Today I went to the gym after work; a fairly ordinary workout, but reasonably satisfying. Also, I overheard one of the trainers talking a couple of pictures of one of the people she was working with; this suggests I might be able to get Emilie to do the same for me, to replace my now-very-old workout userpic. I've been assuming photography was against gym rules and didn't ask, but they might be more willing to trust their own staff using my camera than a fellow gym member or guest doing so.

numbers, cut to avoid boredom )
Lunch today was corn on the cob from the Greenmarket, with a couple of yellow plums for dessert. There are things I really like about summer, and the fresh food is one of them. (Temperatures warm enough not to need clothes are nice; it being too hot for clothes to be comfortable is a nuisance.)

Then I went downtown and spent the afternoon with my mother, in the hotel she's staying at. She has a suite, with a little kitchen, so we were able to make tea and, later, raisin toast. There are also actual couches to sit on; quite pleasant. We talked about all sorts of things for a few hours, and then I went to the gym branch near my office for a quick workout. A reasonable Sunday after a very quiet Saturday.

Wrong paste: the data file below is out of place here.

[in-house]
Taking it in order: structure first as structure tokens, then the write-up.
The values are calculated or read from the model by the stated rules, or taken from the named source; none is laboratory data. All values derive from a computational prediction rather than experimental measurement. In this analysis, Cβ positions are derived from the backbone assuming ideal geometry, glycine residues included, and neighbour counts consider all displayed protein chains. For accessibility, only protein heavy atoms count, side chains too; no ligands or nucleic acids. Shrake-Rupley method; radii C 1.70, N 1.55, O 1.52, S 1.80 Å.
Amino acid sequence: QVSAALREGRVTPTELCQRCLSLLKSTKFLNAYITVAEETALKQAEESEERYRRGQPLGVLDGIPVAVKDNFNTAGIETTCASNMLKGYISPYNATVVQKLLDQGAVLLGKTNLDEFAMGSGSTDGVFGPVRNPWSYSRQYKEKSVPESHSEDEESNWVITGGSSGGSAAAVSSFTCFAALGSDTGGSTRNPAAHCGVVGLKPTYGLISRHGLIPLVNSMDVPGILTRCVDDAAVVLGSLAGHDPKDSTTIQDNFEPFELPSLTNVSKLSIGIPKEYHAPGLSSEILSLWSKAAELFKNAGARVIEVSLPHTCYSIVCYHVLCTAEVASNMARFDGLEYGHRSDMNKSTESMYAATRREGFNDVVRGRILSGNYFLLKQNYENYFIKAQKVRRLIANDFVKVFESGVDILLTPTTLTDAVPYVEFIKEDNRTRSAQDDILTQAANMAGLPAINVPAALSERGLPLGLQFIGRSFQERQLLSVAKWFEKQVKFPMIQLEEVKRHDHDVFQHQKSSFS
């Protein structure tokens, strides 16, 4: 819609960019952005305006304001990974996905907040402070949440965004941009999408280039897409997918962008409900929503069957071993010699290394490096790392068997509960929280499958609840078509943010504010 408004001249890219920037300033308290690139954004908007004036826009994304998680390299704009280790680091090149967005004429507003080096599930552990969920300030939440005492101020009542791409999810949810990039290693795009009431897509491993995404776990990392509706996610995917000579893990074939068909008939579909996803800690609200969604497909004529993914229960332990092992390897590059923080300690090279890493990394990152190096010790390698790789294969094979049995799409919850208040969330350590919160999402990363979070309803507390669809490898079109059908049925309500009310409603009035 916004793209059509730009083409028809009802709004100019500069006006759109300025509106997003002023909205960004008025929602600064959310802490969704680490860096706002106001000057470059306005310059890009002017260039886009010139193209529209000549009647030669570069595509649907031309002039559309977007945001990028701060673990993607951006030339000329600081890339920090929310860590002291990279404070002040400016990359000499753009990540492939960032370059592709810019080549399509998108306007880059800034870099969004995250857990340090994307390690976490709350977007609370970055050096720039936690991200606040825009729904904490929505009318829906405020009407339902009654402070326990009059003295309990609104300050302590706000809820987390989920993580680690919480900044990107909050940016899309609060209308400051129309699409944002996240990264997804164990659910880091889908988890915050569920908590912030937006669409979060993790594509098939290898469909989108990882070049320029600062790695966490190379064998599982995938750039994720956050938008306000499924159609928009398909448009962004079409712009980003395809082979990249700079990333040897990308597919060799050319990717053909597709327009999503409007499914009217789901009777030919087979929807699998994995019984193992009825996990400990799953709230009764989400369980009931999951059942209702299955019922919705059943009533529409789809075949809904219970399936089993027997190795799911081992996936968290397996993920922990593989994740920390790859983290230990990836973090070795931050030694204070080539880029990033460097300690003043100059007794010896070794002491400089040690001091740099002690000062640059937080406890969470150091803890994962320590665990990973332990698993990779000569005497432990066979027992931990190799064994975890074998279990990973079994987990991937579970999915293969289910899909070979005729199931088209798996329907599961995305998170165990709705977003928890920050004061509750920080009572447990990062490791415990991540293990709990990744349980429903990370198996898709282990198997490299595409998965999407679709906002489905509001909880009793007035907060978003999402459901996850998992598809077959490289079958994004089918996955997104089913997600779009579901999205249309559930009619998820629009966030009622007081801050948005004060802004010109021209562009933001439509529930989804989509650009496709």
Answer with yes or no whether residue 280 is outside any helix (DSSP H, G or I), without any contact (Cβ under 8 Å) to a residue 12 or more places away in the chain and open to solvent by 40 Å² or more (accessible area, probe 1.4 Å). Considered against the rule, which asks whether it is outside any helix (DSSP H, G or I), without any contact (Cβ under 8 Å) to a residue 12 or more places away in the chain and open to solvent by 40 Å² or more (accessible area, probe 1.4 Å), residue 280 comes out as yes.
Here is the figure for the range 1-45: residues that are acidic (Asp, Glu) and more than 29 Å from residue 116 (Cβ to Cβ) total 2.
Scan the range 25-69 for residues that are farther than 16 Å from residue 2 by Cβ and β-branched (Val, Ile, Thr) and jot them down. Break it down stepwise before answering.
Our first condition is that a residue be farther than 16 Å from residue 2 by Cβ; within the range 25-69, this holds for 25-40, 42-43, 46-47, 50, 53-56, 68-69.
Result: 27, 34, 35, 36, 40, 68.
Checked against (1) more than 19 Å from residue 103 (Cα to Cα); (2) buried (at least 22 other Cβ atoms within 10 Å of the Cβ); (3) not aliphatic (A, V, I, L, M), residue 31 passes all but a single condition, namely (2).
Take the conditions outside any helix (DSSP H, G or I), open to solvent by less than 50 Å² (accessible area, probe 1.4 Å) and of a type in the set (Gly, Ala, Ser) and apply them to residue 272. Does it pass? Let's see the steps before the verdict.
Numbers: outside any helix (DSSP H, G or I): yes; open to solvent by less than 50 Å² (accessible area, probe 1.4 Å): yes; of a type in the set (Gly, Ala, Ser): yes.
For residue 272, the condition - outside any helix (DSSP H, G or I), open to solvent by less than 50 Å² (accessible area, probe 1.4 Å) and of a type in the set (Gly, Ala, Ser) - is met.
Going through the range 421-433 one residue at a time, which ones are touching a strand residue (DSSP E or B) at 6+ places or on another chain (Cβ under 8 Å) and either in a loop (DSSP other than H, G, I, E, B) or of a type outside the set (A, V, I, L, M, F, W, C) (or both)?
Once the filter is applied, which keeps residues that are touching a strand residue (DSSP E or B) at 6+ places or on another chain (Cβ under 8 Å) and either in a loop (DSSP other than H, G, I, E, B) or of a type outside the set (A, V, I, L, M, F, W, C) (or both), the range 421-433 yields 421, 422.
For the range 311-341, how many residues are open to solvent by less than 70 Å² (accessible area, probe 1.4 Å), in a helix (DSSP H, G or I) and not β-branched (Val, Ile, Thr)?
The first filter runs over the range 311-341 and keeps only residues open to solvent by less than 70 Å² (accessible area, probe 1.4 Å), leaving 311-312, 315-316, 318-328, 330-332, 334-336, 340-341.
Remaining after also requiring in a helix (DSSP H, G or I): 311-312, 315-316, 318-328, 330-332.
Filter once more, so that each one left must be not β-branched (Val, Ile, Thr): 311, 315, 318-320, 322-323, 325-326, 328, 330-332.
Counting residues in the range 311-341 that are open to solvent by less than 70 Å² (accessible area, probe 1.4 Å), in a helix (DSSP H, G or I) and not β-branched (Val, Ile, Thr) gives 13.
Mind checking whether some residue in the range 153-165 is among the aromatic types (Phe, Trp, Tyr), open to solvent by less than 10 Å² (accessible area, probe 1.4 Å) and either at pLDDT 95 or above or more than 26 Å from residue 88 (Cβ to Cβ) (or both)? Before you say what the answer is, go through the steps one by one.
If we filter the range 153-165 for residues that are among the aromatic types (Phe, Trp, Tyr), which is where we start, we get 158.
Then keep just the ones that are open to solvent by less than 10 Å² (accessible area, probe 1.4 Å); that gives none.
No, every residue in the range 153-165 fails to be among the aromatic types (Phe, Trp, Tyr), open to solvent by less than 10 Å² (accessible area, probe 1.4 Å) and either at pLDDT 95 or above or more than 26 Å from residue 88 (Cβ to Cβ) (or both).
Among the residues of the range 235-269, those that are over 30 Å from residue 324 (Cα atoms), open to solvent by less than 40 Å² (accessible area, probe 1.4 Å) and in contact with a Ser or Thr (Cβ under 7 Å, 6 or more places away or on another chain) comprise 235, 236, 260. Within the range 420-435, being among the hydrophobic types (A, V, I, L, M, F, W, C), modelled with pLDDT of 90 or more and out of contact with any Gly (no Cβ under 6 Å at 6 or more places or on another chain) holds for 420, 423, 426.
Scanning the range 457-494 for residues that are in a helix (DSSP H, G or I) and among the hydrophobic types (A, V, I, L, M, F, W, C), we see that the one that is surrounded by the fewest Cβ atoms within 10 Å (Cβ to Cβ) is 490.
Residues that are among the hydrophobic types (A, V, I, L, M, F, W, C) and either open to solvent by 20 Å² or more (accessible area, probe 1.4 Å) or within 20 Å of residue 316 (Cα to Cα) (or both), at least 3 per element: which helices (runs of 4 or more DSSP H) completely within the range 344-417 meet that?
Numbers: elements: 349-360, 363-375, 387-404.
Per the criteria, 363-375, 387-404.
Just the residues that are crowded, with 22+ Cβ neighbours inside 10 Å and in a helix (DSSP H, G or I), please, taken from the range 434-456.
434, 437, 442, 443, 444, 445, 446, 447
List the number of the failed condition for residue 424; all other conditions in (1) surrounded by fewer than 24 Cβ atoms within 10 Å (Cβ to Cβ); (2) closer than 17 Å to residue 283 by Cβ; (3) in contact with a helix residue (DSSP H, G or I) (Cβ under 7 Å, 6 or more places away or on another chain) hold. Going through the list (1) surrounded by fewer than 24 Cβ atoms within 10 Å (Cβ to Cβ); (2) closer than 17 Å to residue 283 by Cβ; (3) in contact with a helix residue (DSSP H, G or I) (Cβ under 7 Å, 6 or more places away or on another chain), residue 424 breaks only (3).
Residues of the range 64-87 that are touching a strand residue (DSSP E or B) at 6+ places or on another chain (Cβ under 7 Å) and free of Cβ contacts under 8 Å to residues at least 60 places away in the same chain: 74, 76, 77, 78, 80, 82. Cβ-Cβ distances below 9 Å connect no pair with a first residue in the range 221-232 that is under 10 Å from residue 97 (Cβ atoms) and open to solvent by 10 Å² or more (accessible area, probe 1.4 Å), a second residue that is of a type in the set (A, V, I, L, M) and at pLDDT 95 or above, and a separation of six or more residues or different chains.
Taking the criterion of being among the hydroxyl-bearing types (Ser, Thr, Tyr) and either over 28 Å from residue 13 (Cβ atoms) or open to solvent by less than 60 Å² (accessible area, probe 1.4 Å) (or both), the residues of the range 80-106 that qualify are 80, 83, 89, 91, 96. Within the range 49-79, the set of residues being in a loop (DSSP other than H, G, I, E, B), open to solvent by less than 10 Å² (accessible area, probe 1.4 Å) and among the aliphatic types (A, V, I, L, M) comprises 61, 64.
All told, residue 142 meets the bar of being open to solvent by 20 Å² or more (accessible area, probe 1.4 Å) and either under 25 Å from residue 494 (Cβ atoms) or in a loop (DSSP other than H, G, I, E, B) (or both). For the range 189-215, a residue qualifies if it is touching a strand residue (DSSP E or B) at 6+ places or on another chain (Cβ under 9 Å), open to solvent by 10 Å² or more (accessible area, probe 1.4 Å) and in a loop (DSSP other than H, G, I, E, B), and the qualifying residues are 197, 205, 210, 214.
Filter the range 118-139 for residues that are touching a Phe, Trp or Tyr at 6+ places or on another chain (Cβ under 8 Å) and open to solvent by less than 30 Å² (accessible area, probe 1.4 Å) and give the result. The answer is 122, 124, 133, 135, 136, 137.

gym numbers )
I had a nice lunch with my mother today; she came over to the building I work in, and we tried a new place right around the corner. I figured the food might be good, and the acoustics probably would be. Acceptable sushi rolls, and no trouble at all hearing each other, which is good. (She has a lot of trouble understanding me on the cheap cell phone she uses when visiting the U.S.)

Mom is definitely smaller than I remember (using our relative heights as a gauge, as well as a memory of her as 5'1" tall) but otherwise is looking well. She's in town for a couple of weeks (in an odd-shaped thing where she is here, then upstate and Texas, then back here for a few more days). I'll probably do something with her on Sunday, and then dinner Monday evening. In some ways that's a lot, but it's because I'm trying to squeeze something like the amount of time together I'd be getting in the course of several months if she still lived in Queens, rather than London. In some ways, it's another long-distance relationship, and again, not one where there's any expectation of changing that fact. And that comparison comes to mind in part because I just spent several days in Montreal almost entirely either socializing with [livejournal.com profile] rysmiel or just reading, with no effort to see anyone else.

This evening seems to be about staring into space, and doing low-key things like sudoku puzzles. I feel as though I've done enough for one week, and have to remind myself that I only worked three days this week. But Tuesday was a travel day, and involved a walk home on a hot, sunny afternoon as well as a bit of nice wandering around on a warm, sunny afternoon in Montreal. (It was about 10C/15F hotter in New York at 4 in the afternoon than in Montreal at 10:30 a.m.)